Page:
On the first day of the Feast of Unleavened Bread, when they sacrificed the Passover lamb, Jesus' disciples said to him, "Where do you want us to go and prepare for you to eat the Passover?" He sent two of his disciples and said to them, "Go into the city and a man will meet you, carrying a jar of water. Follow him. Wherever he enters, say to the master of the house, 'The Teacher says, "Where is my guest room where I may eat the Passover with my disciples?"' Then he will show you a large upper room furnished and ready. Make the preparations for us there." The disciples then went off, entered the city, and found it just as he had told them; and they prepared the Passover. While they were eating, he took bread, said the blessing, broke it, gave it to them, and said, "Take it; this is my body." Then he took a cup, gave thanks, and gave it to them, and they all drank from it. He said to them, "This is my blood of the covenant, which will be shed for many. Amen, I say to you, I shall not drink again the fruit of the vine until the day when I drink it new in the kingdom of God." Then, after singing a hymn, they went out to the Mount of Olives. Mark 14:12-16, 22-26.
To be human is to live with hunger. While it may not be gnawing at you right now, give it a little time. Miss a few meals. It will become the focus of every thought and action. But that is as it should be. Appetites are a gift from God. They are a signal of need that enables our survival, as individuals and as a species. They are also a reflection of “the great hunger” –our yearning for life’s meaning, our fear of mortality, our longing to fill the vast hole in our souls. More persistent than every other appetite, “the great hunger” cries out for nourishment.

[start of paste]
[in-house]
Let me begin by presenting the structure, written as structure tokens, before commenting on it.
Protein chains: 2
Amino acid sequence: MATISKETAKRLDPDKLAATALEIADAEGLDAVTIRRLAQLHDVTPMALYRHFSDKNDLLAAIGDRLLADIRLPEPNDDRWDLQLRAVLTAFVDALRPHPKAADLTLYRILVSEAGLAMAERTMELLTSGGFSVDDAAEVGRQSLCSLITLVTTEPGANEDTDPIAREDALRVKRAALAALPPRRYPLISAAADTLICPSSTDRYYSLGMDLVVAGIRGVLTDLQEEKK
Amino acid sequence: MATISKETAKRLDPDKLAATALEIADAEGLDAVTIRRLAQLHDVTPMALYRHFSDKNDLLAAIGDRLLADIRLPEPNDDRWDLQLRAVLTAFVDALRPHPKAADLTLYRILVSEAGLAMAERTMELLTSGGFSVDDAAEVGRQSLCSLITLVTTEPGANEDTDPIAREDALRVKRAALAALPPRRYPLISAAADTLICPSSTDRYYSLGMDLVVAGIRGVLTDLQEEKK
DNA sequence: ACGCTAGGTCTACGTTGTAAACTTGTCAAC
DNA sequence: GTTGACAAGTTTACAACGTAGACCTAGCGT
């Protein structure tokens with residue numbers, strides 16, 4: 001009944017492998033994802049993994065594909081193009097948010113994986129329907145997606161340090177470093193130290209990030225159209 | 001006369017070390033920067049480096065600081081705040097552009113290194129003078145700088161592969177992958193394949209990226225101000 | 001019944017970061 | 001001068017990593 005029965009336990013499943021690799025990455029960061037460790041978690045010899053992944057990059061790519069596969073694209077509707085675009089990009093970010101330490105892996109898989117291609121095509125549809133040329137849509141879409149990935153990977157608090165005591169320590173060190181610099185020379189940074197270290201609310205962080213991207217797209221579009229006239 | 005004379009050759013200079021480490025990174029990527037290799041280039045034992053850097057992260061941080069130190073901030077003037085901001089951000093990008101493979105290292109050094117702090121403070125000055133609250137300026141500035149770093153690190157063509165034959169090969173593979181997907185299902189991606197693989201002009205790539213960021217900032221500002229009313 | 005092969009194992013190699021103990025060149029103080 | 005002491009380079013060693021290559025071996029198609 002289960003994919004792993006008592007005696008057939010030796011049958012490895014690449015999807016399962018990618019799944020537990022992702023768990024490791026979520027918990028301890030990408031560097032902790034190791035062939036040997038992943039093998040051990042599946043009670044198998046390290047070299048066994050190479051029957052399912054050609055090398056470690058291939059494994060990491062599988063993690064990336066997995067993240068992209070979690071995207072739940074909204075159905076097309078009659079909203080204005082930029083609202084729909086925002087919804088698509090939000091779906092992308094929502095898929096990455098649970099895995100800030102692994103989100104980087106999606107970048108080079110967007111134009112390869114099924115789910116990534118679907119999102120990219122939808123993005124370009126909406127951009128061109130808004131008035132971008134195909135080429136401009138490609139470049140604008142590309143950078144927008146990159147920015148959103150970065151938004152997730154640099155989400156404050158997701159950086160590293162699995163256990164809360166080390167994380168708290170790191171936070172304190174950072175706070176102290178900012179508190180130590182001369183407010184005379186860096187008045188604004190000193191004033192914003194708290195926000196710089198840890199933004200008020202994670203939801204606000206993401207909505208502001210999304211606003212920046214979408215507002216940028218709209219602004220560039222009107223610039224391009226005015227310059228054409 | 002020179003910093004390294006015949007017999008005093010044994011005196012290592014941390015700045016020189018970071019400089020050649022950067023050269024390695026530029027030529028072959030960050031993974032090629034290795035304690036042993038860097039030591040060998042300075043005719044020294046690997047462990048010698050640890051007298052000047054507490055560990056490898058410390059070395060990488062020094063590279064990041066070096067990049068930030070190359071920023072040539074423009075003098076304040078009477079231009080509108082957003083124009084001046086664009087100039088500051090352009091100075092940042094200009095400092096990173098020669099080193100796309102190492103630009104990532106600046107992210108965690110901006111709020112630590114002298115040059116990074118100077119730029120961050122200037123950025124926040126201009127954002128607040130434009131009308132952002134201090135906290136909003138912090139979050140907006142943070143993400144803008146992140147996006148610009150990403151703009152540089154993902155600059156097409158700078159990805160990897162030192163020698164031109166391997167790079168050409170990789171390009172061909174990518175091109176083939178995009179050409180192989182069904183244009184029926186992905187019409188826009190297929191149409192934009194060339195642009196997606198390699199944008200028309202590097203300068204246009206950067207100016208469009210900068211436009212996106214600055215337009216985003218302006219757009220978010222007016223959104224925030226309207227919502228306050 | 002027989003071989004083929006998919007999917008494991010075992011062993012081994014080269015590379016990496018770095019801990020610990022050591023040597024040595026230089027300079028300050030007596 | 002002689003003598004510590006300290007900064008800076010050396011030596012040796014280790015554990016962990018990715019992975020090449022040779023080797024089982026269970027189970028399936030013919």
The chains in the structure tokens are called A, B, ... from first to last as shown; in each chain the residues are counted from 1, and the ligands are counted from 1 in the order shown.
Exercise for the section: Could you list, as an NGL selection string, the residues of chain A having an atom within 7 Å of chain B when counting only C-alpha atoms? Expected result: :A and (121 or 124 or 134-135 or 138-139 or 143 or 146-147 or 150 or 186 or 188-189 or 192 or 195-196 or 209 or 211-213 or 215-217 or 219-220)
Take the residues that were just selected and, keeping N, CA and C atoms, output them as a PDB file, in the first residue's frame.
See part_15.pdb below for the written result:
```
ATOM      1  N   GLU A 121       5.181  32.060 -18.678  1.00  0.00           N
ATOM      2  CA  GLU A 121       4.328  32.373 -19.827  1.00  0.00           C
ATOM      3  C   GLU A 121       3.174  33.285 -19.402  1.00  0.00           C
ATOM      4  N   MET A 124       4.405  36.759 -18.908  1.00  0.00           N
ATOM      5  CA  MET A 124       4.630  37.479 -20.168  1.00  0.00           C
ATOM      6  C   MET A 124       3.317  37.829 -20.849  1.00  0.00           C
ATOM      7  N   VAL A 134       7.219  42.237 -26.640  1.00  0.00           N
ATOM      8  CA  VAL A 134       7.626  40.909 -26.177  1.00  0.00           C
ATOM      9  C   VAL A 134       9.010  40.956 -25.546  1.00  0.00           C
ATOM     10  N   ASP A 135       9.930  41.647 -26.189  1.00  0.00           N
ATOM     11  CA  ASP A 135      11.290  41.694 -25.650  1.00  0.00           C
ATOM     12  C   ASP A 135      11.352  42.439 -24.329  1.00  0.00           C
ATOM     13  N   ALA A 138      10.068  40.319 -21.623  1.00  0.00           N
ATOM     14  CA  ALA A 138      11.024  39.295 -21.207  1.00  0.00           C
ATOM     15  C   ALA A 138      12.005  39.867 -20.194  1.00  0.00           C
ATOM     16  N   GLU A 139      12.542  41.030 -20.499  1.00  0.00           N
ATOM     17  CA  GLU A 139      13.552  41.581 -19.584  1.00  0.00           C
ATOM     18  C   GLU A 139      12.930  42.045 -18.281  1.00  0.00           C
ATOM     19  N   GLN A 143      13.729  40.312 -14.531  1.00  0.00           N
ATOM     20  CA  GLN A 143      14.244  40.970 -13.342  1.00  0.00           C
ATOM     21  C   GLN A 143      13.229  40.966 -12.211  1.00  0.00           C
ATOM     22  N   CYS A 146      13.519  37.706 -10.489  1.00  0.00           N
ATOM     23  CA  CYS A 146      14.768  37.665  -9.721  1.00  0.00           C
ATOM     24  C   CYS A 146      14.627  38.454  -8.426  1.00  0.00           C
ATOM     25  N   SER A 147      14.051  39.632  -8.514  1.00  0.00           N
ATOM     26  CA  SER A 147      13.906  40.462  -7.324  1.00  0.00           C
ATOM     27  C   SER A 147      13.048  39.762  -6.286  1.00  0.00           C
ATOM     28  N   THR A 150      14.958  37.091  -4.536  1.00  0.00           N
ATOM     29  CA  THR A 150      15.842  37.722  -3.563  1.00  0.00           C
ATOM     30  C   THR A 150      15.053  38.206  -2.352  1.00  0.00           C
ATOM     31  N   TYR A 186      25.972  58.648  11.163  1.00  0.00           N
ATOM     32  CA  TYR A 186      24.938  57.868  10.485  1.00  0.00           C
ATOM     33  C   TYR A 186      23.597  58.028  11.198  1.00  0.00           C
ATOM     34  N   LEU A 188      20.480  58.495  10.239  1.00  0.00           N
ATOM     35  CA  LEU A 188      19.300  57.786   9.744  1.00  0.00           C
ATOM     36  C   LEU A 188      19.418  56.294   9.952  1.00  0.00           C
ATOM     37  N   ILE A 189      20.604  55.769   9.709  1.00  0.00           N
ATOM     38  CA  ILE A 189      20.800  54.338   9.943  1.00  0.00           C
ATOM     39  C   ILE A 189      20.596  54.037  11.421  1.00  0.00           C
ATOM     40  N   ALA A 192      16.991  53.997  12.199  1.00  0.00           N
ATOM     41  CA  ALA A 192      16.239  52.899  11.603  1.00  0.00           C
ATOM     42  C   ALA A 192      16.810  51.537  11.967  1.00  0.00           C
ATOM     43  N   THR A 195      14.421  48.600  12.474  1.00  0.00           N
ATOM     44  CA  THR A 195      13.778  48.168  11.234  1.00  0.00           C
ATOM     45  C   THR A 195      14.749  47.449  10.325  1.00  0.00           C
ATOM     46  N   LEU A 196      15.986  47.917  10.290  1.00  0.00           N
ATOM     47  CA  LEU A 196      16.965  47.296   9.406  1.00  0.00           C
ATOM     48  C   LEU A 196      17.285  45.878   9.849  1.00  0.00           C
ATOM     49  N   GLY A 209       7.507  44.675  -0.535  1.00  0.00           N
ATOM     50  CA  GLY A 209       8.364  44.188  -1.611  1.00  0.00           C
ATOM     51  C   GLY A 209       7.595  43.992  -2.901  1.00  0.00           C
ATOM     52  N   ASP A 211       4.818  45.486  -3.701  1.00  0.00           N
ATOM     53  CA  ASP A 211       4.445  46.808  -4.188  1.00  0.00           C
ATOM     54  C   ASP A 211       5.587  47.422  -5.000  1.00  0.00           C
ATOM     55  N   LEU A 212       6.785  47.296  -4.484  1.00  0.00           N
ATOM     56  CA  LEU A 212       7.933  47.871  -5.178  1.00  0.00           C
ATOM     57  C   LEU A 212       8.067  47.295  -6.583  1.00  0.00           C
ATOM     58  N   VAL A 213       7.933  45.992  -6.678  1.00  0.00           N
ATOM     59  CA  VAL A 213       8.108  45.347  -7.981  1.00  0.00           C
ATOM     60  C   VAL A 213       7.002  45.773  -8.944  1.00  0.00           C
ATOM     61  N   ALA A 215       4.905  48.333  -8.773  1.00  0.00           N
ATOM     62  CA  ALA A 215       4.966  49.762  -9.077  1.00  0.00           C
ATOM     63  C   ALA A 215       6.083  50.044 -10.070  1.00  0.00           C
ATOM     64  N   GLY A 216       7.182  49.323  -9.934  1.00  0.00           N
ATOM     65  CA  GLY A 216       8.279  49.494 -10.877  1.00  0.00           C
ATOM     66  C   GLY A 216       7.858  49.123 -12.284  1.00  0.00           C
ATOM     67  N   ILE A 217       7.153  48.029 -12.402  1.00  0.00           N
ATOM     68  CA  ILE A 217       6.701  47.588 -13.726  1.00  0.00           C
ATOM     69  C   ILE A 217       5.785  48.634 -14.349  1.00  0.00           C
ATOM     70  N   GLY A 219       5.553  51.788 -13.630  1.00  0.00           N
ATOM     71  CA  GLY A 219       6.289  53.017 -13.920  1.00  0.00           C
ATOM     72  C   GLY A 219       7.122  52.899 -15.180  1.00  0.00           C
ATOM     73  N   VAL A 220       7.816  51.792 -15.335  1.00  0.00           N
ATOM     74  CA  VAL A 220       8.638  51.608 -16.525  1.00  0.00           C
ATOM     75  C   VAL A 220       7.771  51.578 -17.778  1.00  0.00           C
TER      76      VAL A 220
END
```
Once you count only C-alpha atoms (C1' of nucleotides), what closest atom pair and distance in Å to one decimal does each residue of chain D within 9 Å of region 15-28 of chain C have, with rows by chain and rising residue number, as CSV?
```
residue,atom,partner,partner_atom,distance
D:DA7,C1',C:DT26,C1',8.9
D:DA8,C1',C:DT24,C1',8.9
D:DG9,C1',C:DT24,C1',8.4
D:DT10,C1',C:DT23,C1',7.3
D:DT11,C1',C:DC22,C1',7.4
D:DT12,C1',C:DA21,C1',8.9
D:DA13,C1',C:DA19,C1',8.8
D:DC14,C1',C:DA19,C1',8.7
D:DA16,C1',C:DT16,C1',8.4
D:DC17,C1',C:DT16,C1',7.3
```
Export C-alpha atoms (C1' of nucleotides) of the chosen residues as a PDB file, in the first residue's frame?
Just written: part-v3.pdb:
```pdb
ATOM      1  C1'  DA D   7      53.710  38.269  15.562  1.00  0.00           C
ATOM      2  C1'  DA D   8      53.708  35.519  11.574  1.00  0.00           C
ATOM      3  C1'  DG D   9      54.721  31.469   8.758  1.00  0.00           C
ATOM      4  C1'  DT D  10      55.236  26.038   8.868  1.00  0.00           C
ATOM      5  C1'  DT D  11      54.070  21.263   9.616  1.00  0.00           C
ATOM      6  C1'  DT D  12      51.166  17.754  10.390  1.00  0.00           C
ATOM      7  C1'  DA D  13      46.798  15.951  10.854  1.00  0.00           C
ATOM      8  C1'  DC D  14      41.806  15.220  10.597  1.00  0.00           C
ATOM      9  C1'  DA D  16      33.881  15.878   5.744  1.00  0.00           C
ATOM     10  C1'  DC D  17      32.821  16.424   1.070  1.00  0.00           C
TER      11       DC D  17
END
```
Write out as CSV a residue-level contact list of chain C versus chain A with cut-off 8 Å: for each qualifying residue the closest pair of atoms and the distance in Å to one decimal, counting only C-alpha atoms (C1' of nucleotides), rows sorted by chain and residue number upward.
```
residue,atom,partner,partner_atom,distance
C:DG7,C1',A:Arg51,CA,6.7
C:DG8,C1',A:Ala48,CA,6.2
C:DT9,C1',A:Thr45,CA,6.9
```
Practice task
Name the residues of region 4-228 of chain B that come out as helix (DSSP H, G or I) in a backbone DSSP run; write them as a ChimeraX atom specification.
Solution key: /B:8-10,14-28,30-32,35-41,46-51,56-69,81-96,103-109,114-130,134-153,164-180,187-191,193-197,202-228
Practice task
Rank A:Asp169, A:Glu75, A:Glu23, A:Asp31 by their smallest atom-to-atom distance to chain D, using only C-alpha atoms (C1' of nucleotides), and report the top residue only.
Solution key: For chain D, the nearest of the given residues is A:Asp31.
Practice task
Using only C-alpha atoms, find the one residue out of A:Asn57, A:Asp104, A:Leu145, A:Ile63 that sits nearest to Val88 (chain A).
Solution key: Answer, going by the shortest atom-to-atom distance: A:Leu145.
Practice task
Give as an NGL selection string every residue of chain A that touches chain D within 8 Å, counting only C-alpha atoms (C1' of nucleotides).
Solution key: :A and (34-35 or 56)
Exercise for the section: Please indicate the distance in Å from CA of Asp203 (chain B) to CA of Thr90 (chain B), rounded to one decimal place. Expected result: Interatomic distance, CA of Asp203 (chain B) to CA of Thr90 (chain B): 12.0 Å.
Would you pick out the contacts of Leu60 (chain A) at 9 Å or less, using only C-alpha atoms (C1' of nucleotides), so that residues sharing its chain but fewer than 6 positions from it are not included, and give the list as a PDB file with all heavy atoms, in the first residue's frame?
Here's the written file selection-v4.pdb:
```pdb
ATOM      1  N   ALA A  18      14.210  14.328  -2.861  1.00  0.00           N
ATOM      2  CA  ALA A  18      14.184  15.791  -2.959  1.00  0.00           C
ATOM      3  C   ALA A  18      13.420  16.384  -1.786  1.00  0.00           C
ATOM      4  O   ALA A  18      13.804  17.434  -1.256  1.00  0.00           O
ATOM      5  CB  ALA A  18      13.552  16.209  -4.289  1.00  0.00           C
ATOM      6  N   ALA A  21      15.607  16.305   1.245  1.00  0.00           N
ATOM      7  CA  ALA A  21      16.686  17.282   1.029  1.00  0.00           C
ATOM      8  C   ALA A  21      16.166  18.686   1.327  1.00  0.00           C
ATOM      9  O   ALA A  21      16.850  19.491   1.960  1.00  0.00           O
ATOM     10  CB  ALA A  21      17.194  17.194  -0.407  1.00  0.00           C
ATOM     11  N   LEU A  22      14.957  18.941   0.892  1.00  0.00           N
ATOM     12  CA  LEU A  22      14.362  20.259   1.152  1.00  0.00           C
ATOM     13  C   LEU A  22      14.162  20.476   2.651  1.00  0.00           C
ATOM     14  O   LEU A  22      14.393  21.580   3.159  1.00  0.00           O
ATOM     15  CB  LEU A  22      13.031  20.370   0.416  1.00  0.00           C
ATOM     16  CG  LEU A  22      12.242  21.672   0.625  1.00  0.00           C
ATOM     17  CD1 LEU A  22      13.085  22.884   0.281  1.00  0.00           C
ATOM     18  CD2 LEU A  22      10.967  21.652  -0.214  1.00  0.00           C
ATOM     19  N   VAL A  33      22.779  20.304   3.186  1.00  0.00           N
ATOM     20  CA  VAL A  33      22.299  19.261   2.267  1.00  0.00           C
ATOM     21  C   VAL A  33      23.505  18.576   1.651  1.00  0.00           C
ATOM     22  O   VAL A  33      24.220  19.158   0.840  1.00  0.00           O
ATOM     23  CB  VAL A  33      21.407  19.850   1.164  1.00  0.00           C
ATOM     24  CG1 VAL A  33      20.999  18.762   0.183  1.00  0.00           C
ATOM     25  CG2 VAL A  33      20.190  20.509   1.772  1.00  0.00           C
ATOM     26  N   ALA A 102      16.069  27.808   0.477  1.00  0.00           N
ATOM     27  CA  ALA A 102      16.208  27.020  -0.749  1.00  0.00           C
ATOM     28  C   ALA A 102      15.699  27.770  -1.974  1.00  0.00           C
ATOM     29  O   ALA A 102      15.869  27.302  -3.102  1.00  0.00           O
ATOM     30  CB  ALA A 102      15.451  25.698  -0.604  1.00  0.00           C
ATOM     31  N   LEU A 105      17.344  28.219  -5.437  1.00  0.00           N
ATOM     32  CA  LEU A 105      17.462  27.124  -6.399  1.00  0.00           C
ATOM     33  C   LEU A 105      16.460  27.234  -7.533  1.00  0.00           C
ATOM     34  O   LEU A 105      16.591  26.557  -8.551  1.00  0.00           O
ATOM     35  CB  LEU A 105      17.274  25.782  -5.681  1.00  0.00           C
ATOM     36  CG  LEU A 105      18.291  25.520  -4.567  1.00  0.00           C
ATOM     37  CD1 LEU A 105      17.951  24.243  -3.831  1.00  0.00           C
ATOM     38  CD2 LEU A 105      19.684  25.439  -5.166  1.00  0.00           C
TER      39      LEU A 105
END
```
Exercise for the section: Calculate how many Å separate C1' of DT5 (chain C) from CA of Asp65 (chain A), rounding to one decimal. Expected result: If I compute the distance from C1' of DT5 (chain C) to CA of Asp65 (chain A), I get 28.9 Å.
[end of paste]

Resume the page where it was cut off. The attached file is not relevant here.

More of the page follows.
The very good news of today’s gospel is that God’s bounty is on tap 24/7. He wants us to feast at his banquet – to fill the hole in our souls, to find meaning in life, to transcend mortality and find eternal happiness in him. In communion today he invites us to share the Bread of Life and the Cup of Salvation.
On the cross Christ gave up his body and blood so that we could have everlasting life. And on the night before he died, Jesus gave us the sacrament of the Holy Eucharist so we could capture that sacrificial moment, keep it fresh and draw strength and inspiration in its repeated celebration. He gave us this vehicle of grace so that untold generations could share in the very same “Forever Bread” that fortified the apostles.
But first, before we come to his table, there are some necessary preliminaries. We must scrub up, examining our lives, purging any and all impediments to complete communion with Christ. Throw away sin; then throw your heart into the mass. Prayer is the starter for his feast. It can be small talk or it can be profound. Bring your troubles to the altar. Give them to Jesus. Get comfortable talking with God. Become a good listener. It just takes practice.
Like any good meal, our Communion is not just an ingestion of calories. It is a total experience: receiving Christ, sharing him, celebrating the feast and giving thanks for God’s goodness. There is something uniquely unifying about our celebration. At our Savior’s bidding, we come to the altar as brothers and sisters in Christ. There is one bread and we are all one body. We share one cup. We are Corpus Christ – the Body of Christ – nourished by him, living in him. Bring him your fears and your hungers. Name them, lay them out before him. Come as a child to a loving parent who has just called you home for dinner. Find communion with Christ. You will not go away hungry.
God love you!